Leigh Davidson Leigh Davidson

Crime and Punishment
Intermediate to Upper-Intermediate, Prep Speaking level


In this lesson Ss will think about and discuss crimes in both Turkey and the United States and the current justice system that punishes these crimes. Debate will focus on the judicial system of these two countries and whether or not they are effective deterrents against crime. A brief reading activity on one form of punishment ('naming and shaming') will be provided to wrap up the lesson and guide the conversation towards a discussion on whether or not punishments can, and should, be equal to the crime.


Abc Major & Minor Crimes

Main Aims

  • To provide Ss with the opportunity to discuss and debate, in an informal setting, crime and punishment and whether or not the justice system (in countries such as the United States and Turkey) has modeled punishments that fit, and are equal to, the crimes civilians commit.

Subsidiary Aims

  • To review and introduce Ss to terminology associated with the criminal and justice system in the United States of America.


Warmer/Lead-in (16-18 minutes) • To set lesson context and engage students

Write on the WB COMMON CRIMES. Underneath, create two headings: MINOR and MAJOR. Elicit from the Ss some examples of small, minor crimes and major, serious criminal offenses. Write some of the Ss answers underneath the applicable column. Project on the WB two images of major and minor crimes in action (Jaywalking and Murder). Elicit from the WC the names/terms of these crimes and whether they are considered major or minor. Divide the WC into groups and distribute the 'Major and Minor Crimes' HO. Inform the Ss that the HO includes some images of crimes in action (both major and minor). "First, look through these images and discuss with your partner which of these crimes are considered 'major' and which of these crimes are 'minor.' Write down the names of those crimes that you and your partner are familiar with. Second, discuss with your partner which of these actions (or behaviors) are also considered criminal in Turkey. Do you know what punishments are given for each criminal offense in Turkey?" Following GW discussion, bring the WC together for FB. Go through each image to discuss the name of the crime, whether it is considered minor or major (and why) and what punishments are given in Turkey for the crime. Highlight the distinctions between THEFT/LARCENY, PETTY THEFT BURGLARY, and ROBBERY. [write on the WB] [T's Note: theft/larceny has to do with stealing property, with no intention to return; robbery is theft with force or the threat of force (the person being robbed is generally present during the robbery); burglary involves entering a structure with the intent to steal.]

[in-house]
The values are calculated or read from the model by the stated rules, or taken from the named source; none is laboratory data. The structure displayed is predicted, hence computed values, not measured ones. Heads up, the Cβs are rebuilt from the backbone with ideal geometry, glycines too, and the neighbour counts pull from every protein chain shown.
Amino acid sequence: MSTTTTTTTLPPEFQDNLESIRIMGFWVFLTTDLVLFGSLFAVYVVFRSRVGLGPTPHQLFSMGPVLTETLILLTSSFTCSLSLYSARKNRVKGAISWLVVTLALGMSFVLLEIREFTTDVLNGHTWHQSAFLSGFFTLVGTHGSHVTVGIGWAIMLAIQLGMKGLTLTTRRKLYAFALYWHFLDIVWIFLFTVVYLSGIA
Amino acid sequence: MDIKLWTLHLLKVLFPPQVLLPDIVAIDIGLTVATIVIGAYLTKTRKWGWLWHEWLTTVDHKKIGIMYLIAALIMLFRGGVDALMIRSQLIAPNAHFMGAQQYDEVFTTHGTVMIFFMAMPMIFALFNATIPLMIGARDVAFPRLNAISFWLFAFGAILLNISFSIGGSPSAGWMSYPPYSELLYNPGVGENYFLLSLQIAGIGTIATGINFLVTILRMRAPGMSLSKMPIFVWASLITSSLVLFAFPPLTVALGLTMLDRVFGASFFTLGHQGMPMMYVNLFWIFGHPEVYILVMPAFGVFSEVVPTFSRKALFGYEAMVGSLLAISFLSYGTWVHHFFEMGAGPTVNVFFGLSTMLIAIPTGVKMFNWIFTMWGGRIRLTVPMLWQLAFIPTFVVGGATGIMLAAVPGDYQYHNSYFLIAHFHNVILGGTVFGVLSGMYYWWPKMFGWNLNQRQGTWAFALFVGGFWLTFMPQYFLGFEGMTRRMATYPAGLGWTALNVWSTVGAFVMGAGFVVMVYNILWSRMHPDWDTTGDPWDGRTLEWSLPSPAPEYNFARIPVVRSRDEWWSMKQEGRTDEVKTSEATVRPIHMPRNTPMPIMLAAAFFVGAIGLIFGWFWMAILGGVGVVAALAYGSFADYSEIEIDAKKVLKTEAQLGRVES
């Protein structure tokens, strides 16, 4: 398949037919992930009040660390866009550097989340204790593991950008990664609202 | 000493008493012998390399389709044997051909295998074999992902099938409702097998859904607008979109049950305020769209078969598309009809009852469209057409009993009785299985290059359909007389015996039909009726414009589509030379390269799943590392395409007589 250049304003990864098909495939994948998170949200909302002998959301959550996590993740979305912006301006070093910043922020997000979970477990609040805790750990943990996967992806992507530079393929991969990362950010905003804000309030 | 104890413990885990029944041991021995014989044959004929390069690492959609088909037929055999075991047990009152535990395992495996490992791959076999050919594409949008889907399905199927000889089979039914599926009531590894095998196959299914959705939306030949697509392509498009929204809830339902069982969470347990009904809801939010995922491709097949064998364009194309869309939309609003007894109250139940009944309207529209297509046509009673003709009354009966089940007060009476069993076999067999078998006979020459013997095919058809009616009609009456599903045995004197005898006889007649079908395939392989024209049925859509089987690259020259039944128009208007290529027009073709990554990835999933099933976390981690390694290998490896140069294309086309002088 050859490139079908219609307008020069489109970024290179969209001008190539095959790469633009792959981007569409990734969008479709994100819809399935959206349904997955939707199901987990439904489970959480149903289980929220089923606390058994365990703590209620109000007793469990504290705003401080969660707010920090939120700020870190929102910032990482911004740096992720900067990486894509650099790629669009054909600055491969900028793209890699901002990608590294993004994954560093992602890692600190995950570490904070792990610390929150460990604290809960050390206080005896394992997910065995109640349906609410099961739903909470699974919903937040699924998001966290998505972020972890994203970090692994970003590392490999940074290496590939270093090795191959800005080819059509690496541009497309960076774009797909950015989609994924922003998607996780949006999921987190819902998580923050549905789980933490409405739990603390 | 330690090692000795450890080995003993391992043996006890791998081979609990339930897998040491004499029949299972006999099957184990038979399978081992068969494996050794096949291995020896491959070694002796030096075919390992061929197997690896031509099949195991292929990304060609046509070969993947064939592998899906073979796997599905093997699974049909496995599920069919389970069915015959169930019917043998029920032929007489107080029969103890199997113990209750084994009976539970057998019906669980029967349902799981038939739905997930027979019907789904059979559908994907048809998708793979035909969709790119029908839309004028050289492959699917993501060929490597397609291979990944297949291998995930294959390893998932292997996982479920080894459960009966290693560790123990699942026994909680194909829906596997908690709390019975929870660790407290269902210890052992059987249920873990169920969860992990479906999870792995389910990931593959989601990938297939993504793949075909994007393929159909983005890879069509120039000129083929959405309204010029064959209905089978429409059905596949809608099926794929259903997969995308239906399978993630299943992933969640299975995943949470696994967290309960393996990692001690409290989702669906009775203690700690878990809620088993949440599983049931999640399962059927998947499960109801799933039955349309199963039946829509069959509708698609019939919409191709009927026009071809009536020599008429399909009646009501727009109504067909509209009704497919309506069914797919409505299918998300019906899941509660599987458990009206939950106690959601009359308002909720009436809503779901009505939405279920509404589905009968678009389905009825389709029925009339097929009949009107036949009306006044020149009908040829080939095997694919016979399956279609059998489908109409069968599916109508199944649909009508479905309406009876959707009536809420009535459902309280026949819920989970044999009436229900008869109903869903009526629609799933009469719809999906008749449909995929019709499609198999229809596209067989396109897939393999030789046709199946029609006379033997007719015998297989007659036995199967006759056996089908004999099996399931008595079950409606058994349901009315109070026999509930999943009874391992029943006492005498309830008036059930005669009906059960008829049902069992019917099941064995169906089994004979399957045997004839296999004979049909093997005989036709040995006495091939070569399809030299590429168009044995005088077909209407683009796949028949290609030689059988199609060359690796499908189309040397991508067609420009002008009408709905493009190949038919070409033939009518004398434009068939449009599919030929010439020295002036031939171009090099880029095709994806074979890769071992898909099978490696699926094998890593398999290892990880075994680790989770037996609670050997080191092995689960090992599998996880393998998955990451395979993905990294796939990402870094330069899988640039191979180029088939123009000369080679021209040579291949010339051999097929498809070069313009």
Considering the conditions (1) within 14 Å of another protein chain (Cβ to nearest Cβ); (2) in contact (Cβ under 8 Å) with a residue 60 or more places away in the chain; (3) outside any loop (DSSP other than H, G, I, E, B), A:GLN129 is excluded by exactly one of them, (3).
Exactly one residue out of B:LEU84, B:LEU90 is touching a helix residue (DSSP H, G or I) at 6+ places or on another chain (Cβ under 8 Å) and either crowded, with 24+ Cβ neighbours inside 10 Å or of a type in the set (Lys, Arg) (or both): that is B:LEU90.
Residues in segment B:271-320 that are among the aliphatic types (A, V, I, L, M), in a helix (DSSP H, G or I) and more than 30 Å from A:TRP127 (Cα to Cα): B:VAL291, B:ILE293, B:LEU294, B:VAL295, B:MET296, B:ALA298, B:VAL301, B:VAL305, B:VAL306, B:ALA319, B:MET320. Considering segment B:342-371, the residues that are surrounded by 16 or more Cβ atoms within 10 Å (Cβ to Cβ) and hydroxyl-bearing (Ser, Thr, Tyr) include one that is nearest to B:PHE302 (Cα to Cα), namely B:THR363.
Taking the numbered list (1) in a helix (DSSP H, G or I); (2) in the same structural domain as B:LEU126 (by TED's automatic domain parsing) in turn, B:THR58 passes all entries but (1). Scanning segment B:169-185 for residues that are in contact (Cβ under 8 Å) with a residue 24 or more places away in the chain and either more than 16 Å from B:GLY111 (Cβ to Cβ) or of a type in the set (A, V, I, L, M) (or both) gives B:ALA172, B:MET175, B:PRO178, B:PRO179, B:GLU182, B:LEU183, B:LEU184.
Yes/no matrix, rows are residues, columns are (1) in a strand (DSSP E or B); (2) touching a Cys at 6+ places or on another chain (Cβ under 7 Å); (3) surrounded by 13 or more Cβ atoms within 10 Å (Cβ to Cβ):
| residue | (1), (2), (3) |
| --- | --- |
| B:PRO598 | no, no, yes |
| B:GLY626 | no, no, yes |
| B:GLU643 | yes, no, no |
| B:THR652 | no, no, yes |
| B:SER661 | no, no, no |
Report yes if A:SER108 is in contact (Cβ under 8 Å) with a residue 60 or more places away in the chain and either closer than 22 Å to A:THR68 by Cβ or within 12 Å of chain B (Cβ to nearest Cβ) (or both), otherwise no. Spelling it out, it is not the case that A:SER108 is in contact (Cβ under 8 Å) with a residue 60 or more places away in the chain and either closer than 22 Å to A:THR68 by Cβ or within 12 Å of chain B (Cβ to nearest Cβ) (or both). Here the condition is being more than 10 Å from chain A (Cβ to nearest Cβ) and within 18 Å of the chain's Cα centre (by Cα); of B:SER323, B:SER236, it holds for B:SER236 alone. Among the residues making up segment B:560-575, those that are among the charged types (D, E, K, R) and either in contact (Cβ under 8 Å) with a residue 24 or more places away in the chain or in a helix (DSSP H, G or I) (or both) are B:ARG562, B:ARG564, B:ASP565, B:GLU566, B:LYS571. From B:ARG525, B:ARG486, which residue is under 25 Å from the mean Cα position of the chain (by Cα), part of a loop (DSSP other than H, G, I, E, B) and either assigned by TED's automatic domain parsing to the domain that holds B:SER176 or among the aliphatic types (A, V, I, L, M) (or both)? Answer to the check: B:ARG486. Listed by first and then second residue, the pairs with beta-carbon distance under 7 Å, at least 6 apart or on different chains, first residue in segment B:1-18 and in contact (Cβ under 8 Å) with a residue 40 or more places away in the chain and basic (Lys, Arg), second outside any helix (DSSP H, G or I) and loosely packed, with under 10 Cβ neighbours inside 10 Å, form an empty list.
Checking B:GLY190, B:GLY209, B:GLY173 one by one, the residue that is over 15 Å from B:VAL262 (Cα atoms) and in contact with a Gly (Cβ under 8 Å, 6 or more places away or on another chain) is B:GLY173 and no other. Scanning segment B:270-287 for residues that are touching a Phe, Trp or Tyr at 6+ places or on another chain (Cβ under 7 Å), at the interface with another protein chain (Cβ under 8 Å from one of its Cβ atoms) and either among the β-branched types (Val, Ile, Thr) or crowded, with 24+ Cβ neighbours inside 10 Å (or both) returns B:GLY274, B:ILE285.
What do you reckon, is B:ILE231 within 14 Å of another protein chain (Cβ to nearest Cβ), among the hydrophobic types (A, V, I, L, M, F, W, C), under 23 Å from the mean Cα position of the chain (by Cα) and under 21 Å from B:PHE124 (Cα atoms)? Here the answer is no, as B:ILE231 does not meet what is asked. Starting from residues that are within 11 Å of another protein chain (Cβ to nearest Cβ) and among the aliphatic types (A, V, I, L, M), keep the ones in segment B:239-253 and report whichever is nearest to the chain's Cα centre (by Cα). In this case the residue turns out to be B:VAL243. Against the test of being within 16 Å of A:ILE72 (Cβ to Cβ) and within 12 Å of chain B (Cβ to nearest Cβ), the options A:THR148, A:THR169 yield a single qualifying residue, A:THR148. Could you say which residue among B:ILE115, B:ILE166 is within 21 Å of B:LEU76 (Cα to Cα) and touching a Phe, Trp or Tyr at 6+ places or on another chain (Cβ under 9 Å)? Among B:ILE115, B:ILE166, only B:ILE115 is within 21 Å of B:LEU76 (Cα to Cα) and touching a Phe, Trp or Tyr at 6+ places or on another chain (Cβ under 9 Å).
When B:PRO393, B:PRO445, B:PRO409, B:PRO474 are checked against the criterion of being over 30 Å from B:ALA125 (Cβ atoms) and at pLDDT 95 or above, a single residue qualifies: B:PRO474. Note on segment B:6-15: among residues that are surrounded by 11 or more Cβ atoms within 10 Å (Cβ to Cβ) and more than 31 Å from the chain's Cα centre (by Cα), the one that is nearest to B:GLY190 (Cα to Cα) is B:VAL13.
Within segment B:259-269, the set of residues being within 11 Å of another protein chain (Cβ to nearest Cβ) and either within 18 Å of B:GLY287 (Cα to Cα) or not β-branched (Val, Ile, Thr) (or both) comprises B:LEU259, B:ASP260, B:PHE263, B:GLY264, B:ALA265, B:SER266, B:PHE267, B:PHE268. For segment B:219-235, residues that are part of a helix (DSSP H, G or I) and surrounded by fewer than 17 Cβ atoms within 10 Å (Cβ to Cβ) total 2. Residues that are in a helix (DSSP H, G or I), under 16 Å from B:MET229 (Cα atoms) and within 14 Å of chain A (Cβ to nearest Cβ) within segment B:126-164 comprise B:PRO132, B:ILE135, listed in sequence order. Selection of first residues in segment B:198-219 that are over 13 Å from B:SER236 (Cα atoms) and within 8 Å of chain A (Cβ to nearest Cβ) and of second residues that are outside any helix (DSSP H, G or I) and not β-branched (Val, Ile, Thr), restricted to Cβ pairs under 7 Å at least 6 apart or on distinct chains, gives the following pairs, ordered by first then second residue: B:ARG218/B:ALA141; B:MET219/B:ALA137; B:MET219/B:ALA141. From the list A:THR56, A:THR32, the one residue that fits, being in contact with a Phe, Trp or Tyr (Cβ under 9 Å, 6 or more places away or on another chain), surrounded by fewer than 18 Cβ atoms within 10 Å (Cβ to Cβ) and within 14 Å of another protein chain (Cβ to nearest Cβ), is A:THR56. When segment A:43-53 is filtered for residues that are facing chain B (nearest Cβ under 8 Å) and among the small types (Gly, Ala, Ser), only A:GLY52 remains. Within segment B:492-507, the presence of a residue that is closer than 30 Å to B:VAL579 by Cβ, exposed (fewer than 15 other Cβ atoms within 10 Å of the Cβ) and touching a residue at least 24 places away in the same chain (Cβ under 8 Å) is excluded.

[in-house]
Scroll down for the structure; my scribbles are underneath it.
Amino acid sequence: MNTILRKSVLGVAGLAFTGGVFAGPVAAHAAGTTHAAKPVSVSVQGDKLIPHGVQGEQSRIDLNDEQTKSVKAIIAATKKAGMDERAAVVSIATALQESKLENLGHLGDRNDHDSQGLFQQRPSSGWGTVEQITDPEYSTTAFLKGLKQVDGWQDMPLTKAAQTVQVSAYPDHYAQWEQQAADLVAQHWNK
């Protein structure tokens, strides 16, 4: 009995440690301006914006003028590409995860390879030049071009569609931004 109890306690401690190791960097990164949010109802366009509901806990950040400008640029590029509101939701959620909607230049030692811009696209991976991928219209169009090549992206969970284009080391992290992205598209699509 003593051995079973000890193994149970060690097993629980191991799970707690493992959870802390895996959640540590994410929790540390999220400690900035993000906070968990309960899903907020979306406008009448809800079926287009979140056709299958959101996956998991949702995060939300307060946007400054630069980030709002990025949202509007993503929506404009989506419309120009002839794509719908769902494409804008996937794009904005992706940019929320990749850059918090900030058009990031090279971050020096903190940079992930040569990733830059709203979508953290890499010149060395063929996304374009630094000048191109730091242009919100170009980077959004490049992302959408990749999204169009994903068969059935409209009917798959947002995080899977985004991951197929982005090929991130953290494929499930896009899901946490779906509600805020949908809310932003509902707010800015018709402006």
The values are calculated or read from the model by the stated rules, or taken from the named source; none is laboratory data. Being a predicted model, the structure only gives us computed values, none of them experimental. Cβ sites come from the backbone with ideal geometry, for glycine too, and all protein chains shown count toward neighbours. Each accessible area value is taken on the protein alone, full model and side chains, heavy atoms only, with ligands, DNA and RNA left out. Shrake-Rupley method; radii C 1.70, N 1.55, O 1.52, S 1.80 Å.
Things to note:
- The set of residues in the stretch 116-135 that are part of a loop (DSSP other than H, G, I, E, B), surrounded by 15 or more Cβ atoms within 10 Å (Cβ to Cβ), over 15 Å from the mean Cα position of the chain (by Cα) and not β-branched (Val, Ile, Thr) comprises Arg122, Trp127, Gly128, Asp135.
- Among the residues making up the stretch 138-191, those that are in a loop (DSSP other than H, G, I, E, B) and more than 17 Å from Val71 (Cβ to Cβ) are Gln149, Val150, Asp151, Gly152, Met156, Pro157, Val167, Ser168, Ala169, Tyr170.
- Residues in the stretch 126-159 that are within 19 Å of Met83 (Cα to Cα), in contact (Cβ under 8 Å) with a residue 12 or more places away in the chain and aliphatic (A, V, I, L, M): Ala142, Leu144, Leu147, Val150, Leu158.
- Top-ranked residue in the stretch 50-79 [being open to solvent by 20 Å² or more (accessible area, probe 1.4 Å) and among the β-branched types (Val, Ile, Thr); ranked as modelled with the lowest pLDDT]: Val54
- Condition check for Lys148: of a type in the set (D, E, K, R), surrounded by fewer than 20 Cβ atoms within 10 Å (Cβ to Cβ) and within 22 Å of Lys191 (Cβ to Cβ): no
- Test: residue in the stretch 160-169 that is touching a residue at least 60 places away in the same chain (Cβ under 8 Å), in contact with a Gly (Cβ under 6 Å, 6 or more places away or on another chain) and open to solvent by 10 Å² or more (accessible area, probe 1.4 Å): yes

Productive Task: Reporting A Crime (18-20 minutes) • To provide an opportunity to practice target productive skills

"As the great Seneca, the Roman statesman, once said, [write on the WB] 'He who does not prevent a crime when he can, encourages it.' Who agrees with this statement?" Elicit a discussion from the WC, guiding the Ss to think about our roles and responsibilities, as citizens, when we witness a crime and when we are aware of the possibility, or potential, for a crime. Refer back to the Warmer/Lead-in discussion of common crimes. "What are some situations for which you would call the police? Can you think of a situation (or situations), in which a crime has been committed, but you would not call the police?" Highlight the fact that the law, in America, considers a 'witness' to a crime as an ACCESSORY (i.e. you are considered partially responsible for that crime). "A survey conducted in Britain in 2009 found that more than one in five people would not give information about a crime to the police. The numbers varied according to the type of crime, but even for rape and murder, nearly one in ten Brits said they would not report the crime to the police. Concerning drug use, one third stated that they would not go to the police if they observed someone breaking the law. Do you think these numbers would be around the same, or different, for Turkey today. How so?" Divide the WC into groups and distribute the HO on 'Reporting to the Police.' Instruct the Ss that you have some situations you would like them to look over and discuss. "Which of these crimes would you report to the police if you were a witness? Which of these crimes would you NOT go to the police to report, if you were a witness? Why?" Bring the groups together for some WC FB.